Police records shed light on use of lethal force in Memphis

The Commercial Appeal published a story yesterday that examined 22 shooting deaths of suspects by Memphis police since 2009.

It is a clear example of how access to public records can shed light on local government operations,  providing citizens and community leaders support and information for better understanding and tackling a problem.

The sheer volume of people shot and killed by Memphis police over a period of five years might be startling, but the Commercial Appeal went farther with its analysis after poring through police records, including video from a home surveillance camera showing an officer shooting an unarmed suspect in the back as he fled.

From the story, “CA Investigation: MPD officers fatally shoot 24 in five years; all closed cases ruled justified“:

** MPD investigated 21 of 22 of those cases itself rather than calling in outside, independent investigators.  The exception involved the shooting death of a 15-year-old.

** All those killed were males. About 75 percent were black males, their ages ranging from 15 to 66.

** Officers reported having a gun pointed at them in 10 cases or 40 percent.

** In three cases, or 13 percent, suspects had a knife at the time of the fatal shooting.

** One officer, Pierce Hayden, was involved in three separate fatal shootings during the five years.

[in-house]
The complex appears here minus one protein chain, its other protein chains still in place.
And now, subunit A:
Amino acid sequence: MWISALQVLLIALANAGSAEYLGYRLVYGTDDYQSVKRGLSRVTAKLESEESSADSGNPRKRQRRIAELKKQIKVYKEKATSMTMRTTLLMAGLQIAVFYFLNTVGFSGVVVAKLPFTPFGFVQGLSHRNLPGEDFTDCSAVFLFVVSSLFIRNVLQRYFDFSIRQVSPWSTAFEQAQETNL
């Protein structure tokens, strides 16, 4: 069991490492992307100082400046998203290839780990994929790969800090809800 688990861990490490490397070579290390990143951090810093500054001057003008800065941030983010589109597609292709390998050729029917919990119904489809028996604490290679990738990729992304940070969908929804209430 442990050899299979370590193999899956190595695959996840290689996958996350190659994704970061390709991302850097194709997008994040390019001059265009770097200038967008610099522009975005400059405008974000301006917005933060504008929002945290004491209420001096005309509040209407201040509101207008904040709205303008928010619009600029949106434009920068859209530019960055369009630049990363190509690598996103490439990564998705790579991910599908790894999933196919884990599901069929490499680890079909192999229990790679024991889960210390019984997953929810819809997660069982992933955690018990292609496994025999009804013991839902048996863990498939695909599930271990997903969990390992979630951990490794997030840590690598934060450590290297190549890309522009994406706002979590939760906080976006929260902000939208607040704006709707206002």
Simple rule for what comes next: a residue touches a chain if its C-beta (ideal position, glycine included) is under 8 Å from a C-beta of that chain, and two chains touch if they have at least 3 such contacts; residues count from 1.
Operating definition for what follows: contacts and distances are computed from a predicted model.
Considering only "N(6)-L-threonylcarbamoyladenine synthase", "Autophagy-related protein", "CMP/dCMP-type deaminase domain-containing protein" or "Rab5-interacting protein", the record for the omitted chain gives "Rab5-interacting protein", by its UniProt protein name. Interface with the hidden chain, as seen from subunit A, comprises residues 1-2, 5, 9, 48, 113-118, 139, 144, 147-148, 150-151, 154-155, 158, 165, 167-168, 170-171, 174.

** At least three police officers were injured during fatal incidents, one by friendly fire.

** Over a third of those killed were unarmed. In two other cases, officers said they saw a gun but none was recovered.

** At least six of those killed were mentally ill.

** Nearly 73 percent of the officers who discharged their weapons during fatal incidents were white (45 percent of the current force is white).

** Two black police officers were forced out of their jobs after killing suspects. Archie was the only officer fired for violating the department’s use of deadly force policy. The other officer, Terrance Shaw, resigned in lieu of termination for violating MPD’s personal conduct policies after the fatal, off-duty shooting of that 15-year-old. It was his second fatal shooting in five years.

** The Raines precinct had the most fatal police-involved shootings during that period — five — followed by Mt. Moriah and Old Allen with four each.

Access to police records

How did the Commercial Appeal get this information? Public records, mostly police public records “including internal investigative reports; interviews with officers and witnesses; photos and videos…” The newspaper also looked through “a smattering of wrongful death lawsuits.”

Editor Louis Graham noted that it took months to get access to the records.

But unlike some local law enforcement agencies who have tried to keep such records under wraps by claiming the cases were still open, Memphis did eventually release most of the records. It declined to release records into two additional deaths at the hands of police officers earlier this year, saying those cases were under investigation. Still, the fact that many records were released, albeit with some persistent pulling from the Commercial Appeal, is good news and should be applauded and duplicated.